I remain hopeful - there are statistics to show that contrary to popular opinion the church is growing (including the CofE) - things like FX aren't always counted because they are not a share paying congregation (always and often) so the bums on seats thing isn't taken into account - an FX gathering may be a group of 10 meeting in a pub, maybe 30 in a school hall, but it doesn't have to look like traditional, inherited CofE church. I think it's exciting and innovative to see what changes are afoot, and I don't believe the church will die - not if God has anything to do with it ;)
RichManPoorManBeggarmanThief I hope your daughter's baptism goes well. Don't worry too much about the women bishops thing, they will vote it in soon enough. I am very confident now it will all go ahead (No I don't know anything anyone else doesn't know - if that sentence even makes sense!!!) I mean I am pretty confident. The church needs women! I am pretty certain they know that!
I am no longer in the C of E because we started going to a small local free church, and I miss the C of E. I miss the ritual of communion, I miss the words we say for the service, I don't actually miss the boring hymns! But the people I meet in the free church are very like the people in the C of E! The C of E has high and low, catholic and evangelical. That's kind of what I love about the C of E, it tries to hold it altogether in tension!
The problem I think is, as others have said, rural churches! rural areas where Christians, and indeed any people, are few on the ground. In the cities churches are doing amazing work and maybe they have enough people to keep the roof on and do more work besides maintaining old buildings.
I kind of wonder if there is a way to turn our weaknesses into our strenths! But I need to think more on that one. Ours is a rural church and quite small.
Richman, you are spot on with your thoughts.
The CofE churches that are growing are those that are far from wishy-washy.
One of our church members is in the House of Laity of General Synod and he voted against the women bishops proposal. That is not because be doesn't approve of women bishops but because he didn't agree with the provisions of the resolution for those churches that have a problem with the notion of women bishops.
My church doesn't have a problem of women bishops having accepted women clergy, nor do we particularly elevate bishops.
I think maybe the whole community should look after it's local church and it not be left to the CofE and the congrgation. We have so many beautiful old churches in this country, and my feeling is they belong to and are the responsibility of all of us. They were built by the whole community after all.
Also think church was showing encouraging liberal signs in about the 70's but has now generally become too traditional, conservative (no one wants to change anything !), fundamentalist, and evangelical. A shame to see how little room there is in modern church life for rational liberals.
I was brought up broadly CofE but am now a Quaker. Much more at home there now, but still fond of our old churches - fortunately there are some beautiful and very peaceful old Meeting Houses too.
I think one of the issues is that many rural areas in the UK are being de-populated, so there aren't many young people living there. Also, the church is no longer the centre of the community, so whereas many people who are culturally Christian, but not actually religious (in terms of believing in God or heaven) went to church anyway, now they don't.
When I went to church in Bermondsey (inner London) to hear our banns read, the place was packed and the priest gave a real "fire and brimstone" sermon that was somewhat at odds with what I was expecting. In my parents rural (ish) village, they might get 40 on a Sunday and the average age is 60.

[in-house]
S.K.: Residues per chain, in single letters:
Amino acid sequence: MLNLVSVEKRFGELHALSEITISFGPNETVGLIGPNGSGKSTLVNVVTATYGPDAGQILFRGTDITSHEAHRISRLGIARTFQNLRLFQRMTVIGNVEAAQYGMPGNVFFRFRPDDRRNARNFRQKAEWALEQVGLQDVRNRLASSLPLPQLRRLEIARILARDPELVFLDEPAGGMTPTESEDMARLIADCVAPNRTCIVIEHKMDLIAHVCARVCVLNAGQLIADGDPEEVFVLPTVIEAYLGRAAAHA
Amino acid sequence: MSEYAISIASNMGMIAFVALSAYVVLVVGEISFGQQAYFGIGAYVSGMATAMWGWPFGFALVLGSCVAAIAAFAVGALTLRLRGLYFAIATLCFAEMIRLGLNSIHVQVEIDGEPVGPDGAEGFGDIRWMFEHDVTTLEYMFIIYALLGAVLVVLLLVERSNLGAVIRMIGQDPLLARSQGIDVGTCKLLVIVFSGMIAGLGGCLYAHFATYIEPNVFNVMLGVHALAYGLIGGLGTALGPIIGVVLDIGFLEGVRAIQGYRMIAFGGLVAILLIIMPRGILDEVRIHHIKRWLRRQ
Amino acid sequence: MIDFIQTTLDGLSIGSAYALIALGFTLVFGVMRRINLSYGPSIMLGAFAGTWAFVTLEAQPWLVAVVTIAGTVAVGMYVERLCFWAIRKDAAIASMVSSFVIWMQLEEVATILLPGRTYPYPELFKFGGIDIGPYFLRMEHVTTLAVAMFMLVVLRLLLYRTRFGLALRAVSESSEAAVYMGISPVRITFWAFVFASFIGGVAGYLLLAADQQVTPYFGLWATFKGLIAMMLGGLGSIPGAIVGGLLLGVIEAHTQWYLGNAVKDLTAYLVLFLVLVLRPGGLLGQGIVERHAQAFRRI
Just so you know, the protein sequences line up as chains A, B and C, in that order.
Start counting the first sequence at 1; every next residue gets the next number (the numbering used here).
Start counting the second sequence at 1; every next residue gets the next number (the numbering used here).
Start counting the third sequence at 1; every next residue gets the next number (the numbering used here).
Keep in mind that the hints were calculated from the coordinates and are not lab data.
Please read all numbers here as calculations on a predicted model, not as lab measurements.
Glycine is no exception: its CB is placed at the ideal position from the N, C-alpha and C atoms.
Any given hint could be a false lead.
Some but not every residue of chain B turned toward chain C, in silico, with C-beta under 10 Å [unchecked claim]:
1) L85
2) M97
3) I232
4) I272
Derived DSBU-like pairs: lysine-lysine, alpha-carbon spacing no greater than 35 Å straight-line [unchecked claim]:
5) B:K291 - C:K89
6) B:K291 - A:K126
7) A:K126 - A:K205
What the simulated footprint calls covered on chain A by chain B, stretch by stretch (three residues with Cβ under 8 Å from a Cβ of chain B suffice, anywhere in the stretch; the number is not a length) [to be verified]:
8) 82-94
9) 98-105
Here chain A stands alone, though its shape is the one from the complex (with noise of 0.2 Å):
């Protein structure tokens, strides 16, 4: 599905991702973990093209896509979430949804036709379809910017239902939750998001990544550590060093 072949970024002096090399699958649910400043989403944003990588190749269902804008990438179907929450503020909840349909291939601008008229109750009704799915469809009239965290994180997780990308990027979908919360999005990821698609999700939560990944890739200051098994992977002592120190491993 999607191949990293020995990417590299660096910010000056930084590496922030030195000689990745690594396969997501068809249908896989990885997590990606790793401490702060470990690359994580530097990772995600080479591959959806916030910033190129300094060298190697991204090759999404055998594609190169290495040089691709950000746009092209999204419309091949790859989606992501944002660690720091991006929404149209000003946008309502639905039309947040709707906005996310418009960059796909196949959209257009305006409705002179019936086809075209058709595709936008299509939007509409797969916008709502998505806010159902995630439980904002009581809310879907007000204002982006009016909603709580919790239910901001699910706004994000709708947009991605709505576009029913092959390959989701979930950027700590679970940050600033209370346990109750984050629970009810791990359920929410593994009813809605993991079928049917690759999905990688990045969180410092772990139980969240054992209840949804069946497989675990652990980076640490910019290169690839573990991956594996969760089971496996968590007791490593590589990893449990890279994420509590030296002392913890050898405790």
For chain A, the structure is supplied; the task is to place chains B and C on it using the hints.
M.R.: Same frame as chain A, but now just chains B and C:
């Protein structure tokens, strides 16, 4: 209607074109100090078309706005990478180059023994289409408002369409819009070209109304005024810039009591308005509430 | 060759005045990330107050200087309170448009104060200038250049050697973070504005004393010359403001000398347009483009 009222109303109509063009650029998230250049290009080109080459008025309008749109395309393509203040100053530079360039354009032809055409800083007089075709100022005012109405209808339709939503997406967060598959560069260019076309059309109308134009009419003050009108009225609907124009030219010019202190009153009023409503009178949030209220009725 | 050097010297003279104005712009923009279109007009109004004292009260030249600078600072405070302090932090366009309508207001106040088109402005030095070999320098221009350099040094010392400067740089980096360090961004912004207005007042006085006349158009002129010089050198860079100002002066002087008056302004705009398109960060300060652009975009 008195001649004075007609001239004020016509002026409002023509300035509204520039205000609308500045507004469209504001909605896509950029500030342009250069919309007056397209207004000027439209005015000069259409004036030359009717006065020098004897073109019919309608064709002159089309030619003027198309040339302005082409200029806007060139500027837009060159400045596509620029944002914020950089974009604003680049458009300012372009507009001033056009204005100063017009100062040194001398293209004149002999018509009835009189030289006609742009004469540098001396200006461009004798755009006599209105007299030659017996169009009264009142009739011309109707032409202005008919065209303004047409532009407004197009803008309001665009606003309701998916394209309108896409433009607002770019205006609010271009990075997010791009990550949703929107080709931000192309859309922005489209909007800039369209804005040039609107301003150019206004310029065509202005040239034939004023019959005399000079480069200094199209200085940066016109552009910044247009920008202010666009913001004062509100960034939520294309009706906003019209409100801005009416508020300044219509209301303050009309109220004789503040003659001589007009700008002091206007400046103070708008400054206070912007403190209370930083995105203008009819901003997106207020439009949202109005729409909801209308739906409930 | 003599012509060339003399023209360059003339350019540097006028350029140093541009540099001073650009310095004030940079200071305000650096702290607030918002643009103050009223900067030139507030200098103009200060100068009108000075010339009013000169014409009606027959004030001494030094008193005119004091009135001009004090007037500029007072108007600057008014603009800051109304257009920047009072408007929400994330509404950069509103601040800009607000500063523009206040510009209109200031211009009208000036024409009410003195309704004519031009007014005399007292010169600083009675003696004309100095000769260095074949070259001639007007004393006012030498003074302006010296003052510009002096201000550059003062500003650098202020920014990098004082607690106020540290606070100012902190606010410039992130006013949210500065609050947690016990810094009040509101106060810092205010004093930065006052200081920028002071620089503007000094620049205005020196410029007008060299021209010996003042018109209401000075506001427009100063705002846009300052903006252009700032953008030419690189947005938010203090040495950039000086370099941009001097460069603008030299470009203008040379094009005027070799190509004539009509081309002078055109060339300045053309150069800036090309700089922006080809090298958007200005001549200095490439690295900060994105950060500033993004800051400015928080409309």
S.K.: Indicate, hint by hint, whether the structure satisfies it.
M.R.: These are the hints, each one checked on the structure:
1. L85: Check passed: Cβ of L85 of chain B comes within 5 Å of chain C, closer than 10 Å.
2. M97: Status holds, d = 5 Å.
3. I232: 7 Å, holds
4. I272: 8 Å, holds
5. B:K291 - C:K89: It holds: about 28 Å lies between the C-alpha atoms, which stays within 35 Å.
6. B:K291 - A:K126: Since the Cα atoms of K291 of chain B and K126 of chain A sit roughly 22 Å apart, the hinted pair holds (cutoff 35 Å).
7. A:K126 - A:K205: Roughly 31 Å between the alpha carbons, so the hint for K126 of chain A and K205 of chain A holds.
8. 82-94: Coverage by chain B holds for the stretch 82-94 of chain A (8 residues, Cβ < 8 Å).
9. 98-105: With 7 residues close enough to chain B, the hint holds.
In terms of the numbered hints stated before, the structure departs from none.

I do wonder if the CofE is doing the wrong things by trying to make religion more "accessible" when actually, the opposite would be more effective- i.e. people want religion to be a certainty in uncertain times.
anthracite it's great to hear about your church. Can I ask where you are I.e. rural, suburban, or urban?
I agree about the issue of women bishops, but remember that the clergy also were in flavour..it was the laity who got it chucked out!
again, thank you for responding, I've enjoyed reading all you responses. at the moment we're on holiday in the States,and aim to go to a different church every Sunday. Yesterday we started the ball rolling by going to Holy Trinity , Boston (next to where the recent bombings occurred). it's a beautiful, enormous, church, with about 300 communicants and a service almost identical to our one at home. it also has a deep commitment to social outreach. (however, it's also like home, in that nobody spoke to us at the post-service coffee!).
So it is possibly to have a strong, traditional, church.
But I am being unfair, comparing a small rural church to a large urban one, I suppose.
I'm really interested in other people's experiences of the CofE but, unfortunately, feel that my church has reached the point of no return, and that many other rural churches are in that position.
The CofE has big problems because they're just too wishy washy for many but not liberal enough for others so they're stranded between the Catholics and the evangelicals.
I'm still pissed off with them over women bishops. I'm getting DD baptised in the summer and I'm really really conflicted over it. If she was my first child I don't think I'd bother. I can only justify it by saying it's about my relationship with God, and just leave the church out of it - hey, on that basis, maybe I should convert to Islam.
We reordered our church about 15 years ago.
It was a painful process as so many people were attached to the pews and other fixtures that perhaps their ancestors had contributed.
We have almost doubled our congregations since the reordering. We had to split our main congregation into two during the reordering in order to fit everyone in the church centre. One of the services became more traditional, and the other more modern, compared to the hybrid we had before. On moving back into church, both congregations had room to grow.
We both restored our church to its original Georgian architecture (bright and airy compared to gloomy Victorian), and totally modernised it too - carpets, underfloor heating, state of the art audio-visuals, and basics like disabled access and toilets.